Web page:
During the World Wars and Interwar Years Canada experienced economic gain, more freedom for women and new technological advancements.

Canada–United States trade relations

The trade relationship of the United States with Canada was the second largest in the world after China and the United States. In 2016, the goods and services trade between the two countries totaled $627.8 billion. U.S. exports were $320.1 billion, while imports were $307.6 billion. The United States had a $12.5 billion trade surplus with Canada in 2016. Canada has historically held a trade deficit with the United States in every year since 1985 in net trade of goods, excluding services. The trade relationship between the two countries crosses all industries and is vitally important to both nations' success as each country is one of the largest trade partners of the other.

The trade across Ambassador Bridge, between Windsor, Ontario and Detroit, Michigan, alone is equal to all trade between the United States and Japan.

Canadian Broadcasting Corporation

The Canadian Broadcasting Corporation (French: Société Radio-Canada), branded as CBC/Radio-Canada, is a Canadian federal Crown corporation that serves as the national public broadcaster for both radio and television. The English- and French-language service units of the corporation are commonly known as CBC and Radio-Canada respectively, and both short-form names are also commonly used in the applicable language to refer to the corporation as a whole.

Although some local stations in Canada predate CBC's founding, CBC is the oldest existing broadcasting network in Canada, first established in its present form on November 2, 1936. Radio services include CBC Radio One, CBC Music, Ici Radio-Canada Première, and Ici Musique. (International radio service Radio Canada International historically transmitted via shortwave radio, but since 2012 its content is only available as podcasts on its website.) Television operations include CBC Television, Ici Radio-Canada Télé, CBC News Network, Ici RDI, Ici Explora, Documentary Channel (part ownership), and Ici ARTV. The CBC operates services for the Canadian Arctic under the names CBC North and Radio-Canada Nord. The CBC also operates digital services including CBC.ca/Ici.Radio-Canada.ca, CBC Radio 3, CBC Music/ICI.mu and Ici.TOU.TV, and owns 20.2% of satellite radio broadcaster Sirius XM Canada, which carries several CBC-produced audio channels.

CBC/Radio-Canada offers programming in English, French and eight aboriginal languages on its domestic radio service, and in five languages on its web-based international radio service, Radio Canada International (RCI). However, budget cuts in the early 2010s have contributed to the corporation reducing its service via the airwaves, discontinuing RCI's shortwave broadcasts as well as terrestrial television broadcasts in all communities served by network-owned rebroadcast transmitters, including communities not subject to Canada's over-the-air digital television transition.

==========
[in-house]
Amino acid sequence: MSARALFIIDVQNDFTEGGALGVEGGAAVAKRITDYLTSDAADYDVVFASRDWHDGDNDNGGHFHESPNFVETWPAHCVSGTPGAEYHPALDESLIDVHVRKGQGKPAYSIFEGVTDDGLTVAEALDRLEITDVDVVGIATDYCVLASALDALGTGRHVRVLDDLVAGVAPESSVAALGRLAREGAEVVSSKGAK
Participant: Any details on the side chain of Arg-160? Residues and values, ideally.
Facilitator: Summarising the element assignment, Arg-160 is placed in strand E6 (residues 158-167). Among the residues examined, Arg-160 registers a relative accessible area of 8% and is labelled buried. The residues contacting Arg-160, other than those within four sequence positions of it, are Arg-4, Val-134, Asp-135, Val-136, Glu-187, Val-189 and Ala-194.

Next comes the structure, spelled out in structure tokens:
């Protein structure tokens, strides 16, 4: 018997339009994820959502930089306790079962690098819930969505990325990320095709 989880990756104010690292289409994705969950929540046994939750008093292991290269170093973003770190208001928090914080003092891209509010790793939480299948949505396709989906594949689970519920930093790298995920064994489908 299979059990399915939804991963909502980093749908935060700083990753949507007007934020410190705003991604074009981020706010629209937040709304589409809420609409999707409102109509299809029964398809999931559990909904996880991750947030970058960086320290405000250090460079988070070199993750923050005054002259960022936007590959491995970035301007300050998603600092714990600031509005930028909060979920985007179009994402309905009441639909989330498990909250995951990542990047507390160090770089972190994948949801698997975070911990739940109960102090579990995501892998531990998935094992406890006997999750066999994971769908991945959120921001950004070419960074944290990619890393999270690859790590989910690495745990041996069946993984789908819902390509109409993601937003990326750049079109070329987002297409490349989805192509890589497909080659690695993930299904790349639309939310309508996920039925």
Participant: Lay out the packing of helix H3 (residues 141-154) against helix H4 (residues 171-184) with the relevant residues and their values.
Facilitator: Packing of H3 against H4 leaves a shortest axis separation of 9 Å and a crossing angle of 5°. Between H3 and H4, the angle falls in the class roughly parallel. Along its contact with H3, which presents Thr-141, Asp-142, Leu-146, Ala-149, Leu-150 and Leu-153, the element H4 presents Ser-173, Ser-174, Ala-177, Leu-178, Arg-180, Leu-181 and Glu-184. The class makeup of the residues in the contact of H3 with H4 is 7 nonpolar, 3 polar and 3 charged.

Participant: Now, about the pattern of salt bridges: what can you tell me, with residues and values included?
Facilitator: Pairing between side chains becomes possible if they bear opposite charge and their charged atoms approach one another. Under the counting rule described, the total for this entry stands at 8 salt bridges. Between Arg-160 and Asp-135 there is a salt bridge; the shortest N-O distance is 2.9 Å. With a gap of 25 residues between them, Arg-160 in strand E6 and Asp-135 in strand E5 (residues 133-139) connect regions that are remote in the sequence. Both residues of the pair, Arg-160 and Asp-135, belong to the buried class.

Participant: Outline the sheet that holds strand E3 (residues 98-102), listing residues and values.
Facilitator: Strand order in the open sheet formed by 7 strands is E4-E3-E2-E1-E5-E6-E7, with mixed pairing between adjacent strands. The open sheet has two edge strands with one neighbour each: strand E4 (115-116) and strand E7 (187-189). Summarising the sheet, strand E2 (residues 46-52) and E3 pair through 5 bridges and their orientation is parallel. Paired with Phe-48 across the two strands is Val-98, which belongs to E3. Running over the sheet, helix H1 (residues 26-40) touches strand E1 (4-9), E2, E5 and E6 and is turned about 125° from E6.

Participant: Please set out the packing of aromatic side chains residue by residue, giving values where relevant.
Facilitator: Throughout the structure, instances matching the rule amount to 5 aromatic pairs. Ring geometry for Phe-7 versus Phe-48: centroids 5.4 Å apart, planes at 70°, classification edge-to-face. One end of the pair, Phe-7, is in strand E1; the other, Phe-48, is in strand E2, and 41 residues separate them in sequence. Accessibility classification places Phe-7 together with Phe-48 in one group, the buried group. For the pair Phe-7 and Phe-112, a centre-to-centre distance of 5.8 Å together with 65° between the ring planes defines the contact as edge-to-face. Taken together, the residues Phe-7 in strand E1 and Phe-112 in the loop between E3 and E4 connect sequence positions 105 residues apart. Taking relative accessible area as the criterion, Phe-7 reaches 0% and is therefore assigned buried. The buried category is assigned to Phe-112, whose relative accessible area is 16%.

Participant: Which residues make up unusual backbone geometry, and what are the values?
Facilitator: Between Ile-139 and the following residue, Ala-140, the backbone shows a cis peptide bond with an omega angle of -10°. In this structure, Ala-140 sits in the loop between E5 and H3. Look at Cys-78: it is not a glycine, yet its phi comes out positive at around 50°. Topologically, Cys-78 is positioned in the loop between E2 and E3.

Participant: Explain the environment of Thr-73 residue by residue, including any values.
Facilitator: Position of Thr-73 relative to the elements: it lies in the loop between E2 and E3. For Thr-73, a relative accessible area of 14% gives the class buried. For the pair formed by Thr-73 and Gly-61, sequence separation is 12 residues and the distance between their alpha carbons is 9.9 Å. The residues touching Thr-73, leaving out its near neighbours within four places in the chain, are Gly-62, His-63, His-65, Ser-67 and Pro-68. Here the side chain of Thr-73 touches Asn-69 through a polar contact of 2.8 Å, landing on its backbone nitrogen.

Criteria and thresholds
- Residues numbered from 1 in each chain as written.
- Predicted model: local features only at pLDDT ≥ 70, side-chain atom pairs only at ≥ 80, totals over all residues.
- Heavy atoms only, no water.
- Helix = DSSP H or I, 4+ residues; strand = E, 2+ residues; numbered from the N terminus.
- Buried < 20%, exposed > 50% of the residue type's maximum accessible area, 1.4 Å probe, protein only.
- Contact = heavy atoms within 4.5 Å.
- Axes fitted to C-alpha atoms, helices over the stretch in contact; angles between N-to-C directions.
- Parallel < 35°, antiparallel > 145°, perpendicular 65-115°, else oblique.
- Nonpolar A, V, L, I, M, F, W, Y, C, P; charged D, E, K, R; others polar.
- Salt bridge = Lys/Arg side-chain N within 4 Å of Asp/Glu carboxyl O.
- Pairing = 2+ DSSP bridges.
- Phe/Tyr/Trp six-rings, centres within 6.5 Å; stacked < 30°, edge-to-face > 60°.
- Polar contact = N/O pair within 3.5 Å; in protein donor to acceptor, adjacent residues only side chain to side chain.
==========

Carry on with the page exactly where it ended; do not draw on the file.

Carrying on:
CBC's federal funding is supplemented by revenue from commercial advertising on its television broadcasts. The radio service employed commercials from its inception to 1974, but since its primary radio networks have been commercial-free. In 2013, CBC's secondary radio networks, CBC Music and Ici Musique, introduced limited advertising of up to four minutes an hour, but this was discontinued in 2016.

Canadian Radio Broadcasting Commission

The Canadian Radio Broadcasting Commission (CRBC) was Canada's first public broadcaster and the immediate precursor to the Canadian Broadcasting Corporation.

Folk music

Folk music includes traditional folk music and the genre that evolved from it during the 20th-century folk revival. Some types of folk music may be called world music. Traditional folk music has been defined in several ways: as music transmitted orally, music with unknown composers, or music performed by custom over a long period of time. It has been contrasted with commercial and classical styles. The term originated in the 19th century, but folk music extends beyond that.

Starting in the mid-20th century, a new form of popular folk music evolved from traditional folk music. This process and period is called the (second) folk revival and reached a zenith in the 1960s. This form of music is sometimes called contemporary folk music or folk revival music to distinguish it from earlier folk forms. Smaller, similar revivals have occurred elsewhere in the world at other times, but the term folk music has typically not been applied to the new music created during those revivals. This type of folk music also includes fusion genres such as folk rock, folk metal, and others. While contemporary folk music is a genre generally distinct from traditional folk music, in U.S. English it shares the same name, and it often shares the same performers and venues as traditional folk music.

Friends of Canadian Broadcasting

Friends of Canadian Broadcasting, commonly shortened to FRIENDS, is a Canadian advocacy group that monitors developments in the Canadian television and radio broadcasting industries. The group promotes expansion of public broadcasting, investment in Canadian content, and production of local news while opposing concentration of media ownership and foreign ownership of Canadian broadcasters.